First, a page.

UNIVERSITY OF SAN DIEGO / Spring 2007
[etc.]

Japan’s Empress Michiko met with USD President Mary E. Lyons at the Imperial Palace in Japan in November. The empress attended Sacred Heart University in Tokyo and was subsequently tutored by USD professor emerita Sister Helen McHugh, R.S.C.J., in English for several years. President Lyons spent an hour with the empress and delivered a letter and gift from Sister McHugh. The president was in Japan — along with Vice President and Provost Julie Sullivan and School of Business Administration professor Ellen Cook — to take part in the Inamori Foundation’s presentation of the 22nd Annual Kyoto Prizes for Lifetime Achievements in Technology, Science and the Arts. USD will take part in the sixth annual Kyoto Laureate Symposium in mid-March, when events celebrating Kyoto Laureate and international artist and designer Issey Miyake will be hosted by the university. While in Japan, the group also enjoyed what Lyons calls “a wonderful alumni reunion in Tokyo” as well as taking in of a tour of Sony headquarters.

November was busy for President Lyons, who attended a conference on “Universities and the Church’s Social Doctrine” in Rome late that month. She was invited to the event in August by Pontifical Council for Justice and Peace President Cardinal Renato Martino, who visited USD in late summer. “There were approximately 180 representatives from Catholic universities around the world at the conference,” Lyons recalls. “Many were from Africa, Asia, Indonesia, Latin America, Eastern and Western Europe, and speakers addressed the benefits of interdisciplinary scholarship in promoting the values and application of the social teachings.” She says she was most struck by the wide-ranging conditions under which Catholic universities fulfilled their missions: “That awareness reminds the more affluent and secure universities of North America and Western Europe to be ever-conscious of the challenges confronting sister institutions around the world.”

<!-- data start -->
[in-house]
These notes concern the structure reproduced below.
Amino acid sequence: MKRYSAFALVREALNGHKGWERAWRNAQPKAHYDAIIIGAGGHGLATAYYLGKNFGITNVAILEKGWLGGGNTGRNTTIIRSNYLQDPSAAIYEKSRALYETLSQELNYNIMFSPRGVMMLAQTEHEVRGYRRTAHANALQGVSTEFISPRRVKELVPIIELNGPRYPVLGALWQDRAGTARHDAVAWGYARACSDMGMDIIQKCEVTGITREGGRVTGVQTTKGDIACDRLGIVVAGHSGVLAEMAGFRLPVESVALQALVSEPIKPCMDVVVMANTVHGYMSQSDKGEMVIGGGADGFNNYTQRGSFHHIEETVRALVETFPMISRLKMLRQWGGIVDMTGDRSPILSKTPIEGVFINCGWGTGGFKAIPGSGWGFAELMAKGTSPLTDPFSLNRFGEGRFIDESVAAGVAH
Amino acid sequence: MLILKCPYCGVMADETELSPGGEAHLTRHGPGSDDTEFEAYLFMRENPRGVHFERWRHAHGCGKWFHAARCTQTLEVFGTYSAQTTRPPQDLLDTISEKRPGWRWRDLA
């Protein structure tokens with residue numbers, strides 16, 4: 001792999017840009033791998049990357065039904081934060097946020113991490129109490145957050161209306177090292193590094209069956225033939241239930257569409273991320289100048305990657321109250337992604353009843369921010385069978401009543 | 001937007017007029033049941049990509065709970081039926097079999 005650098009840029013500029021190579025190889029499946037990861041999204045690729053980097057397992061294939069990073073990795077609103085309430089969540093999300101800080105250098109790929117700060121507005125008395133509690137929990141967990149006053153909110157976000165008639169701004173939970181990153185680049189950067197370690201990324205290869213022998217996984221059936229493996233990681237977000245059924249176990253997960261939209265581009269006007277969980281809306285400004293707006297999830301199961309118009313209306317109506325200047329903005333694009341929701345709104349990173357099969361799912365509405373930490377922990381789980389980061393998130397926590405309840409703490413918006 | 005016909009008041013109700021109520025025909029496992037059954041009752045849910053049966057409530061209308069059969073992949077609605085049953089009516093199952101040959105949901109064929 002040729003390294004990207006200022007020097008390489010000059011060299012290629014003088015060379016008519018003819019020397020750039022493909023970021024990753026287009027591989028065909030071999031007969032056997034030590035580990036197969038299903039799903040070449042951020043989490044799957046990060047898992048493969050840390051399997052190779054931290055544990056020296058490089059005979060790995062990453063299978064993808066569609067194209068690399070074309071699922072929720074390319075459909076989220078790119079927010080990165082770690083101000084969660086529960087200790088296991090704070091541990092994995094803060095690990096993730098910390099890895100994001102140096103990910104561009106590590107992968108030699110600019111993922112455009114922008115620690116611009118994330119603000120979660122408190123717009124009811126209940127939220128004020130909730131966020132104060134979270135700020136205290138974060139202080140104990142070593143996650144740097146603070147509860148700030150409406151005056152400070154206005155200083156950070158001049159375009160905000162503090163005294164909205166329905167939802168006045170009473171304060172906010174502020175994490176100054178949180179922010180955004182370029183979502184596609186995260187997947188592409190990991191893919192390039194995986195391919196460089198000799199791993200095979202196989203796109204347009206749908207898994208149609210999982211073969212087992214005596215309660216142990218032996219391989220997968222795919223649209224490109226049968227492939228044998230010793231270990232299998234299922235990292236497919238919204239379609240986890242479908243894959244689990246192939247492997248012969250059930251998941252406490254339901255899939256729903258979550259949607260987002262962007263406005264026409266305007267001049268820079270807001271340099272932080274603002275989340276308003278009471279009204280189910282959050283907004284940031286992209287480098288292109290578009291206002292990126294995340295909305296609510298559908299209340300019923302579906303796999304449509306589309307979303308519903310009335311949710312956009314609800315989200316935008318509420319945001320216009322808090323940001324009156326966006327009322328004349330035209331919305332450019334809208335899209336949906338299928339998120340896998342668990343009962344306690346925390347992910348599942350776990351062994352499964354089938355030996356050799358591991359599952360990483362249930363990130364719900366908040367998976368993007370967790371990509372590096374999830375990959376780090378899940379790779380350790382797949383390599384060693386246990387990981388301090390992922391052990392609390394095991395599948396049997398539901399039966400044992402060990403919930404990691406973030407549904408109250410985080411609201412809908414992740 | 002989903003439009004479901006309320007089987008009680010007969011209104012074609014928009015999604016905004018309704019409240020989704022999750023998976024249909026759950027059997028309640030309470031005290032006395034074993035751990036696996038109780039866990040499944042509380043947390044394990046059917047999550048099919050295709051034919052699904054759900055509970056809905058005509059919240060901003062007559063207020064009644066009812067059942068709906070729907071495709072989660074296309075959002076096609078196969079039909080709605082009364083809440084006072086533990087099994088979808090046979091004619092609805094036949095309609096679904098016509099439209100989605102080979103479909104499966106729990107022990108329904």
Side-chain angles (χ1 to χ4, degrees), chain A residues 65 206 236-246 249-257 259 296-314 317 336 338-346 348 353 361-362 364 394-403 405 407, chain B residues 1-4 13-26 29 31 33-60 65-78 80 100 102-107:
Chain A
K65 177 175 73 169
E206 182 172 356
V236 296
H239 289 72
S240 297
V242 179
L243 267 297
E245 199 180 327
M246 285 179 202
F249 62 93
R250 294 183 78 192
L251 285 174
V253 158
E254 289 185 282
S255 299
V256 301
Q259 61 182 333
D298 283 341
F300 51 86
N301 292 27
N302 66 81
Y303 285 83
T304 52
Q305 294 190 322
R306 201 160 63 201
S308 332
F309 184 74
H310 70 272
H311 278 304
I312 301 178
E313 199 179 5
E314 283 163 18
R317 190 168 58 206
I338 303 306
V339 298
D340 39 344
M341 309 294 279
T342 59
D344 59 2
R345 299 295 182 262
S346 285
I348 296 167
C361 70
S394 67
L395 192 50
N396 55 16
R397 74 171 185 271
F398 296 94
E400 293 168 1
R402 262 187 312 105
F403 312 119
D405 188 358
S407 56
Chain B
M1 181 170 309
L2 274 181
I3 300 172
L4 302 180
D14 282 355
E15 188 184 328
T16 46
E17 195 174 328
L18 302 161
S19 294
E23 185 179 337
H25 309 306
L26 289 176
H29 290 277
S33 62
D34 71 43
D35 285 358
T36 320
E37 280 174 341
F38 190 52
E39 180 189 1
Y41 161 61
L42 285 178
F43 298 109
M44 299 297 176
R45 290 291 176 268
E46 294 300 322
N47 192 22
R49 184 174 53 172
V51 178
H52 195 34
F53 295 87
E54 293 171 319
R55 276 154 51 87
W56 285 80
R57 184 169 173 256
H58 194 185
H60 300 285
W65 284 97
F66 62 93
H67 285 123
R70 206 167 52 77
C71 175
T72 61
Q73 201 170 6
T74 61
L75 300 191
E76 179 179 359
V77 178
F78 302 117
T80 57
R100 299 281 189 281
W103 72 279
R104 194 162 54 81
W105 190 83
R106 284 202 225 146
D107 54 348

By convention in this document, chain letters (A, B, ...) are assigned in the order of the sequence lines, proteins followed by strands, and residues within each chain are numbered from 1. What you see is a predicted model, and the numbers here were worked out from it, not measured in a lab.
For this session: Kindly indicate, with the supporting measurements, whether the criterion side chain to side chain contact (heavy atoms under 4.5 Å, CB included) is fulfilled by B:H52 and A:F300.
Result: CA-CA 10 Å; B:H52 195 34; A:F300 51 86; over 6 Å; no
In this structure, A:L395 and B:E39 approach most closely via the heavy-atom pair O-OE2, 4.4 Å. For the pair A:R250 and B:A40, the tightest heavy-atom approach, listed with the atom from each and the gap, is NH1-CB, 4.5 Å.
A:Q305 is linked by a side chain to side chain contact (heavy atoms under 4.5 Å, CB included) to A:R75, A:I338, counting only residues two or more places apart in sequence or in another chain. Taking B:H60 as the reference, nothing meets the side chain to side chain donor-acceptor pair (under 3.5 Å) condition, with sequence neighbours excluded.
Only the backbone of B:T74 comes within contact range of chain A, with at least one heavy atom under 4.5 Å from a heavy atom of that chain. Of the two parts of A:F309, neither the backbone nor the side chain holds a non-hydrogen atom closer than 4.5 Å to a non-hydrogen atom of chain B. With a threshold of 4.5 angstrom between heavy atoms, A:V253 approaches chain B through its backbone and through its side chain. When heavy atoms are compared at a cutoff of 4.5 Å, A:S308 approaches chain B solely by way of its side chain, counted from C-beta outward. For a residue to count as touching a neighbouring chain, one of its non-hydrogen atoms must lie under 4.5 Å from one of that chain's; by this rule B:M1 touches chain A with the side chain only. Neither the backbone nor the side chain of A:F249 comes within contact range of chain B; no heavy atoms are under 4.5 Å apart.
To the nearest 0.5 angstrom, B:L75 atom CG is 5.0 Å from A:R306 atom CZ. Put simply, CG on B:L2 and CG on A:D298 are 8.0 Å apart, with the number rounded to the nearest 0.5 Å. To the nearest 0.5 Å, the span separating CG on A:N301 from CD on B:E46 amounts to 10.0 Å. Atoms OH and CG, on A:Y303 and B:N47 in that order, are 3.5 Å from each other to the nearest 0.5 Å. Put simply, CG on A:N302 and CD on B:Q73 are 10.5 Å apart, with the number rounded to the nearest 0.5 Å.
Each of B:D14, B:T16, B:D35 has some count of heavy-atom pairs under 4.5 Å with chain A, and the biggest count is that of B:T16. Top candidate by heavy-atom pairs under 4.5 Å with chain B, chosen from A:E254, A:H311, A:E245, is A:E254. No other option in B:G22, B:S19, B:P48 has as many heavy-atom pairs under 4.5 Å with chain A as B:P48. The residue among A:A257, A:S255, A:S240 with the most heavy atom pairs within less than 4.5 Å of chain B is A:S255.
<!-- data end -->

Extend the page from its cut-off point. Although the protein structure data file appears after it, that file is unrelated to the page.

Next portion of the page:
Low-income and disadvantaged youth will be served by a $120,000 grant the university was awarded in November. The three-year grant, from Learn and Serve America, will help fund a USD-led project in which college students assist in community projects that prepare young people and their families for college and the working world. “At USD we believe strongly that college attendance will endow students with the skills and knowledge that will contribute to their own intellectual growth and, eventually, to California’s economic vitality,” says USD President Mary E. Lyons. “But first we must help get those students to college.”

Some of the USD women’s basketball team’s biggest fans in the 2006-07 season are also their youngest. The Toreros adopted the kindergarten class at Bay Park Elementary School for a mentoring program. Each week the players visited campus for a physical education period in the morning with the students, followed by a classroom period when USD’s players assisted with projects designed by the teacher. The 13 Toreros rotated in groups of three or four, participating on different days to work around their own class schedules. In other news, the women’s volleyball team traveled to Gainsville, Fla. for the Sweet 16 round of the NCAA tournament, before losing to top ranked University of Nebraska. The Toreros ended their season with a 26-6 record.